Navigating the moral universe.
There is something oddly resonant about the title of Tom Stoppard’s new play, which opened at A.C.T.’s Geary Theater last week.
What, one asks upon hearing it, is The Hard Problem?
The phrase was coined by the philosopher David Chalmers and concerns consciousness. In response to the scientific perception of the human animal as a bundle of zillions of tissue cells laced together by zillions of nerve cells, The Hard Problem refers to the problem of how and what is consciousness? How do we so clearly have the sense of something outside the physical body that seems to direct and move that body through thought – something ineffable? And further, how does this heap of matter, the brain, which can be dissected physically and analyzed chemically in its processes, sense, feel and interpret the world subjectively?
It’s a big topic.
Not that Stoppard isn’t into big. He is. But often that very bigness appears on his stage as formal innovation. The Hard Problem, however, is very traditional in its theatrical form. There is a story to tell and the telling moves along in a linear way, with characters entering and exiting, each nudging the plot along, the central characters changing through conflict and ingenuity, or not. The story ends with a tidy resolution, but the resolution is achieved through a barely believable coincidence.
And as one of the characters says, “I don’t believe in coincidence.”
What then, we might ask, is Stoppard asking we believe in? Destiny? Fate? God? Those players – destiny, fate and God – have all appeared on Stoppard’s stage before. And that’s the resolution that Stoppard holds back, although the play’s ending seems to fall on the side of a larger-than-we-are entity, or something, ordering our universe. In any event, the plot is of less importance, it’s the posing of the question that seems to matter.
Hilary is the central character of the play. We first meet her in bed in discussion with her mentor, Spike, who is trying to prepare her for a job interview at the prestigious Krohl Institute for Brain Science. Hilary lacks science chops and the discussion quickly divides into philosophical argument. Spike, gracefully and authoritatively played by Dan Clegg, holds the scientist’s stance: we are what we are, a bunch of cells, and that’s all that we are. Hilary, played by a very grounded Brenda Meaney, believes that subjective beliefs, such as values and ethics, exist outside the human body, in God, if you will. She’s prays to God at her bedside each night. She is praying that the child she gave up as a young woman has found a nurturing home.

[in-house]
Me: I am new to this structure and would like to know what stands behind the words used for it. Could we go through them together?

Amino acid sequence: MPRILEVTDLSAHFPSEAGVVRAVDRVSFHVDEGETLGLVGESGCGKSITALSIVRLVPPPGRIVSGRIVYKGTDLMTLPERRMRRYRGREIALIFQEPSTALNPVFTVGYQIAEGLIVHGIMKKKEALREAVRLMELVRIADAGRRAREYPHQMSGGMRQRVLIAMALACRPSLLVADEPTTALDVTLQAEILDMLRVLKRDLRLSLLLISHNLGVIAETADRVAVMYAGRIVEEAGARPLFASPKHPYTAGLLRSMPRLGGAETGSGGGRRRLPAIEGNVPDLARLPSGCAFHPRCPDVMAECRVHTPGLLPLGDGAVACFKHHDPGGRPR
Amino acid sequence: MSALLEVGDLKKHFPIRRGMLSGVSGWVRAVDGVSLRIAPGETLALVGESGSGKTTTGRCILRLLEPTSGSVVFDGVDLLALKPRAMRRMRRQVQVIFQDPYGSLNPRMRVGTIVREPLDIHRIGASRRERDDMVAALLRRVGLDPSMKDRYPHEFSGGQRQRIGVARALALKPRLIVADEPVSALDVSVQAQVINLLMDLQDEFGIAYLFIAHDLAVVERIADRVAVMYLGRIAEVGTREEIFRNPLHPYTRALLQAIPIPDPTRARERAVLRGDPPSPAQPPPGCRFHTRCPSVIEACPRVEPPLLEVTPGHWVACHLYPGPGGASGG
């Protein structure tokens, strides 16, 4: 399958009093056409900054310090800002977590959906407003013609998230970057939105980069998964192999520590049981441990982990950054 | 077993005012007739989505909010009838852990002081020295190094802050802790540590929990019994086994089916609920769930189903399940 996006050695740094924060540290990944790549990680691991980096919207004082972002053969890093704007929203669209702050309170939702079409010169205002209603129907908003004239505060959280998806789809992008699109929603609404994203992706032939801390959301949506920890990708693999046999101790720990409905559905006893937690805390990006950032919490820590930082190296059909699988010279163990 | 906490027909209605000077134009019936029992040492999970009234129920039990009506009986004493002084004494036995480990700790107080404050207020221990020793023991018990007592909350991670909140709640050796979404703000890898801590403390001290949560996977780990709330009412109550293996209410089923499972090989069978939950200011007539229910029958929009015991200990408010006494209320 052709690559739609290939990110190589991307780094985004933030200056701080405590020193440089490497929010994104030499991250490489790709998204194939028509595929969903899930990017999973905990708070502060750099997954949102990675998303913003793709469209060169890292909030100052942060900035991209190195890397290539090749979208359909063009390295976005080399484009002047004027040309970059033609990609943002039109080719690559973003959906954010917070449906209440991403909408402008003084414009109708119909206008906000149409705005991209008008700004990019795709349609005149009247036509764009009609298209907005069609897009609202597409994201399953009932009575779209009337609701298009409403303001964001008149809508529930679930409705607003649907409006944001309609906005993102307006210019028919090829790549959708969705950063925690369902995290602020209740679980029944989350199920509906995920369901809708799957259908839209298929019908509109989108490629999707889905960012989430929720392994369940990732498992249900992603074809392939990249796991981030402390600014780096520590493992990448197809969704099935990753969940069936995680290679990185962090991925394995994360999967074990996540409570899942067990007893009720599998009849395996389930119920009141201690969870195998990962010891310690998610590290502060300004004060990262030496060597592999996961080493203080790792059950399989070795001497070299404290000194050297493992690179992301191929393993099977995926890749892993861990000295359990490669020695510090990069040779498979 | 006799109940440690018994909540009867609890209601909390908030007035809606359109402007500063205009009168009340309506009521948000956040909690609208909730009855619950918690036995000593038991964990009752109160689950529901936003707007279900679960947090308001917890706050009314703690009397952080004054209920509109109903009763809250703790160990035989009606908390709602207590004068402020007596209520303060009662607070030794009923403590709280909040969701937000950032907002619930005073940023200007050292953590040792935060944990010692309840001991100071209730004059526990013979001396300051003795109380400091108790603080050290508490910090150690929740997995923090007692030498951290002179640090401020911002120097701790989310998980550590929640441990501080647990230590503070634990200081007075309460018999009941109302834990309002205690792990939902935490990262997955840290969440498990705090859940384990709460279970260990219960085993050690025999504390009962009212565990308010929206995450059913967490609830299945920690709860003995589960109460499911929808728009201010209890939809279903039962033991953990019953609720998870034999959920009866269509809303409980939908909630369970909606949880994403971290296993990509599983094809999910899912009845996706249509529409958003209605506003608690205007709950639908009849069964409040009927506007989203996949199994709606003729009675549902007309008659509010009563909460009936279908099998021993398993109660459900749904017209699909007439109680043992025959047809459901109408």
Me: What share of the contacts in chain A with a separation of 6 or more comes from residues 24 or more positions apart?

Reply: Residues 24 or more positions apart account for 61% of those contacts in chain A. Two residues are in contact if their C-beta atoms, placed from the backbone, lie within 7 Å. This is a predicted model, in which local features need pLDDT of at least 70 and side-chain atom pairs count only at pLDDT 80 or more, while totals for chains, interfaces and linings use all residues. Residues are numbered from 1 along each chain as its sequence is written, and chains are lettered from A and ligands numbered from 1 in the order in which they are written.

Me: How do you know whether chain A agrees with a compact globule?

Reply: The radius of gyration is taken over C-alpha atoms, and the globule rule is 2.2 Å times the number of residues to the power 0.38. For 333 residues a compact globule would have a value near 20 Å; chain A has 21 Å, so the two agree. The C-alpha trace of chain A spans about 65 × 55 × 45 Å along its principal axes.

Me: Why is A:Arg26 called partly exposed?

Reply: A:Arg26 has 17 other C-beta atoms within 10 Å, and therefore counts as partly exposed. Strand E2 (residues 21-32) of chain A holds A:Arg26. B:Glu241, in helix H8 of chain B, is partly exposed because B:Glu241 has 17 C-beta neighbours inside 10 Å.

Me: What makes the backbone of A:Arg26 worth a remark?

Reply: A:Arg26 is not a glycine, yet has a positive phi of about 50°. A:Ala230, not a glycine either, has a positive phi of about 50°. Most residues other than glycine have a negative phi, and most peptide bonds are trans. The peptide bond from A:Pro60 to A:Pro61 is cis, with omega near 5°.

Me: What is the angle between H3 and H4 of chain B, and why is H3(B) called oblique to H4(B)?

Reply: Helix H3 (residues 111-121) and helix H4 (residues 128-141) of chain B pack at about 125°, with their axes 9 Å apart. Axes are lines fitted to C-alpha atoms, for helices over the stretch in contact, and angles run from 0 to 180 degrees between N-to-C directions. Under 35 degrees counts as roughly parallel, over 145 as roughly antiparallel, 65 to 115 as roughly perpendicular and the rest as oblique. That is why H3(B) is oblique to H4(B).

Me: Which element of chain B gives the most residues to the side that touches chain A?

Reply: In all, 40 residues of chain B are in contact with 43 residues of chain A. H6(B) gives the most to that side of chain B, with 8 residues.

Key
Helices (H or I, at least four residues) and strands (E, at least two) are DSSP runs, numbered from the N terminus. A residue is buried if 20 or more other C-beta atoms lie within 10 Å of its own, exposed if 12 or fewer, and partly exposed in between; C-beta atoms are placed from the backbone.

Strangely, her non-scientific approach wins her the job. Her boss, Leo (Anthony Fusco), is smitten by what he sees as her innovative thinking, and he hires her over the immensely more qualified Amal, played by the charming Vandit Bhatt, who is interested not in what consciousness is but rather how it functions. What the brain does is what the brain is.
In her job Hilary is able to pursue her beliefs in the form of a scientific study. She does this by focusing on altruism. Are we innately altruistic? Does our competitive and hierarchical society teach us to ignore our feelings to protect and nurture others? In her study she is helped by a young mathematician, Bo (Narea Kang). They are all working for Jerry Krohl (Mike Ryan), who seems distracted from his role as science maven running an institute for cognitive sciences and instead is involved in pursuing a hedge fund. A dissonance that Stoppard asks us to accept unquestioningly, and which is a feature of the playwright’s ranging curiosity and intellect. Despite the play’s sidestepping of the direct issue of consciousness, it offers its audience intriguing dilemmas and provocative arguments.
The scenic design by Andrew Boyce has a central theatrical space, which serves as the cool interior of both the Krohl Institute and Jerry’s office. Smaller side sets wheel in and out for Hilary’s digs and a hotel room in Venice, allowing for fluid changes in setting and atmosphere. Russell Champa’s lighting enhanced the scene changes. And it’s all just as cleanly directed by Carey Perloff.
– Jaime Robles
The Hard Problem continues through November 13 at the Geary Theater in San Francisco. For tickets and information, visit act-sf.org.
Photo: Dan Clegg (Spike) and Brenda Meaney (Hilary) agree to disagree on the nature of consciousness in the ACT production of Tom Stoppard’s “The Hard Problem.”